I am glad that Canada is accepting so many Syrians, but the man I watched on television the other night won’t be one of them. Like everyone else, Canadians are worried about security risks.  One way to lessen them, the government has decided, is to accept only complete families or vulnerable people, such as mothers and children. Gay men are also acceptable as they are considered—and probably are—extremely vulnerable in macho Middle Eastern cultures. But straight single men, such as the Syrian man I watched on television, widowed and childless as a result of the war, are not.   
I am part of a group sponsoring one Syrian family: we are waiting for it to be cleared for immigration at the moment. Our group has raised $40,000. My husband contributed to his church’s fund; they have raised another $40,000 for a family that has already arrived. Across the street from my husband’s church, yet another church is sponsoring another family, probably raising about the same amount. And the synagogue group down the street has raised about $60,000 for a large family.
So between these four groups, people of my acquaintance have raised $180.000. But what else could have been done with this money?  People still in refugee camps in Jordan, Turkey or Lebanon are without heat, without schools, without enough food.  How far would the $180,000 these four groups have raised go toward shelter, schools, or food, if we’d given it to UNICEF instead?
There’s also the problem that Canada is discriminating in favour of Syrians and against other refugee groups. Appallingly, the Canadian government forces refugees to pay for their own transportation costs to this country. Once they get here they have to agree to pay back the loan; even with low interest rates, that’s a considerable burden for people who’ve just arrived, have to find work, and often can’t speak the language. Recently Canada has decided to waive the fee for Syrians but not for other refugees.
Then there’s the decision to have a massive airlift of refugees from Syria but not from other countries. As Kamal Al-Solaylee, a Yemeni-Canadian whose autobiography I reviewed on this blog on  January 18, 2103 (https://www.blogger.com/blogger.g?blogID=6700283514603333187#editor/target=post;postID=3825731743685667926;onPublishedMenu=posts;onClosedMenu=posts;postNum=71;src=postname)  has pointed out, 2.3 million Yemenis are internally displaced and 1.3 million children are at risk of malnutrition (out of a population of 26.5 million). (See Al-Solaylee’s article, “Suffering’s Second Act, in the Canadian magazine The Walrus, March 2016 https://www.google.ca/?gws_rd=ssl#q=Suffering%27s+Second+Act).  And then there are the South Sudanese, suffering malnutrition, displacement, murder, torture and rape at the hands of their feuding leaders, who brought them independence from Sudan proper in 2011 only to fight among themselves.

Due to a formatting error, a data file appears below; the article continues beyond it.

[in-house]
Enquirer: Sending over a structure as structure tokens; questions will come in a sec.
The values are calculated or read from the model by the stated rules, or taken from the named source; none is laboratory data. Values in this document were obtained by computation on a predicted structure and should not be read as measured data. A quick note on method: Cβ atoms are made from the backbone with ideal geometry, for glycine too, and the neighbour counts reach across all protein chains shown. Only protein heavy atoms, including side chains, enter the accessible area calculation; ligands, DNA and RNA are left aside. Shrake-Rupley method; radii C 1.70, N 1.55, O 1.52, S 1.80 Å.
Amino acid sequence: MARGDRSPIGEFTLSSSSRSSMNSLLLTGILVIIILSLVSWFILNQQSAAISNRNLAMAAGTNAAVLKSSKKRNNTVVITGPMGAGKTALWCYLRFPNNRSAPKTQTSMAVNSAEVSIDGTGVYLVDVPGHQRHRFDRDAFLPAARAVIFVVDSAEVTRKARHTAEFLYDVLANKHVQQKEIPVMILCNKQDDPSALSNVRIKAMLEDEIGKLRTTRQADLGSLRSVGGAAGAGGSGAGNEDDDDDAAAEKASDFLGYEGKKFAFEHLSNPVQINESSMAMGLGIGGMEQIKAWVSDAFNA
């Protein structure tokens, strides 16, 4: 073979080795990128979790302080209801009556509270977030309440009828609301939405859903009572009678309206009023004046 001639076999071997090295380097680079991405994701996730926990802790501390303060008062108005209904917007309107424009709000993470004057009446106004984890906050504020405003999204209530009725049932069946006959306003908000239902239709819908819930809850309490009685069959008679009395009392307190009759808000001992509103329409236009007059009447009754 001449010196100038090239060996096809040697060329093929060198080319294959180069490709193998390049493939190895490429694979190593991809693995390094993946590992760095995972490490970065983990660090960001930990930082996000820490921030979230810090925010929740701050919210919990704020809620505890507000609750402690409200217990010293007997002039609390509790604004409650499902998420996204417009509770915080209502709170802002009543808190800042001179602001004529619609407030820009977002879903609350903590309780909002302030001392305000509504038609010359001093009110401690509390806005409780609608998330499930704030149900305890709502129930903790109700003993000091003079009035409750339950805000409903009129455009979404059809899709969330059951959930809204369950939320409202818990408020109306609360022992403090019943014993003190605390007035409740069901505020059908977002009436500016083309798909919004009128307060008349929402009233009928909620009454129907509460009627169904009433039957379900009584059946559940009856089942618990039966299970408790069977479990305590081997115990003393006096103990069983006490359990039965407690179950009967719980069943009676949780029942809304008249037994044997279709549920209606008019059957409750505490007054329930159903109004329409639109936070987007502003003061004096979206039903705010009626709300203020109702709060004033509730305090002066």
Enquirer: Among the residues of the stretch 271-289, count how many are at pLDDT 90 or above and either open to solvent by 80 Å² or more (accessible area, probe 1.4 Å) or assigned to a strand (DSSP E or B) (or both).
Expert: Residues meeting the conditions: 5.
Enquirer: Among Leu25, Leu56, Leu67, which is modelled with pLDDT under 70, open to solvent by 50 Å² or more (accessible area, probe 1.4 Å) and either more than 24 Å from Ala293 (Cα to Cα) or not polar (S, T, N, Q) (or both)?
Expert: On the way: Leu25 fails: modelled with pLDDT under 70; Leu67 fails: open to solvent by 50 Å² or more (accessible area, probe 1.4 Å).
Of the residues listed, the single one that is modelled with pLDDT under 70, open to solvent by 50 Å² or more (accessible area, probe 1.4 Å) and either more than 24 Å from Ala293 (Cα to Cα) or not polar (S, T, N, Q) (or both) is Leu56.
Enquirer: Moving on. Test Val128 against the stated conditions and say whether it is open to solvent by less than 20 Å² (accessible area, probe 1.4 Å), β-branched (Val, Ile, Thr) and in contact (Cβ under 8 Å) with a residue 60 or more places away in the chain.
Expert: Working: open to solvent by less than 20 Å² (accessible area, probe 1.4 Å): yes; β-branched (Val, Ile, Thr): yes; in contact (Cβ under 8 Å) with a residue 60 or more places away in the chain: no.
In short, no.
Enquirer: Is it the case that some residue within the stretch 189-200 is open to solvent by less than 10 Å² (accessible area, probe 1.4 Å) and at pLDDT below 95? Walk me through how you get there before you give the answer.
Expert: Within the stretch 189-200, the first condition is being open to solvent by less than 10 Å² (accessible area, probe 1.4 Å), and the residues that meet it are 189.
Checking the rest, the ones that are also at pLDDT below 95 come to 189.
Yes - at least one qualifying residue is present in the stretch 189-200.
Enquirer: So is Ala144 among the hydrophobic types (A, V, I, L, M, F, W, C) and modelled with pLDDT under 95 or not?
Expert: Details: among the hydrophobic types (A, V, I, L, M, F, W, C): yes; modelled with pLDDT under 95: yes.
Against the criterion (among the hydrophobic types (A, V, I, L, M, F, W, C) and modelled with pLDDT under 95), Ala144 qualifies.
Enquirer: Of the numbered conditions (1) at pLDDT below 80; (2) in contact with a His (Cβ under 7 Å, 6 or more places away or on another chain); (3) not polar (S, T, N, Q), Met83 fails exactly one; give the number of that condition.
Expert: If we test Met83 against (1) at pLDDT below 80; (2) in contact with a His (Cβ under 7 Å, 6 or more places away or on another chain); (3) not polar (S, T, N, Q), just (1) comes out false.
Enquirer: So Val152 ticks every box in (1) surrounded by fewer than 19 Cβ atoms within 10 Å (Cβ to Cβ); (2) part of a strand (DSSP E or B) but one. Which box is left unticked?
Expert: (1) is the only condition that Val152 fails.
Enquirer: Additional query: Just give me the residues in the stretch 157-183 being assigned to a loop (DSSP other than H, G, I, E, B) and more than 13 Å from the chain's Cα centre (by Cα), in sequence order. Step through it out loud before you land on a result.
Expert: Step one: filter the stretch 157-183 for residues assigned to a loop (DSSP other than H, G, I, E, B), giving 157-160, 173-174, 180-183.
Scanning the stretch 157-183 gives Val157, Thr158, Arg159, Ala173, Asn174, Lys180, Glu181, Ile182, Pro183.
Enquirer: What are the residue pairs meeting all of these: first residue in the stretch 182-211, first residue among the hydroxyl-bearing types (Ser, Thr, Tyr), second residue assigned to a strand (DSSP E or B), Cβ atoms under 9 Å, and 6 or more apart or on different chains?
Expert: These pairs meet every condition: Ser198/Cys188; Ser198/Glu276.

Europeans are doing the same thing. Syrians are acceptable as refugees en masse, but other groups aren’t. But to deny individuals refugee status merely because they come from the “wrong” country, or from countries where there is not a horrible civil war at present, is against international law. Under the 1951 Convention Relating to the Status of Refugees, receiving countries have to assess whether as individuals, potential refugees have a “well-founded fear of being persecuted for reasons of race, religion, nationality, membership of a particular social group or political opinion” (Article 1, A, 2). You can’t just exclude individuals when they come from the wrong country.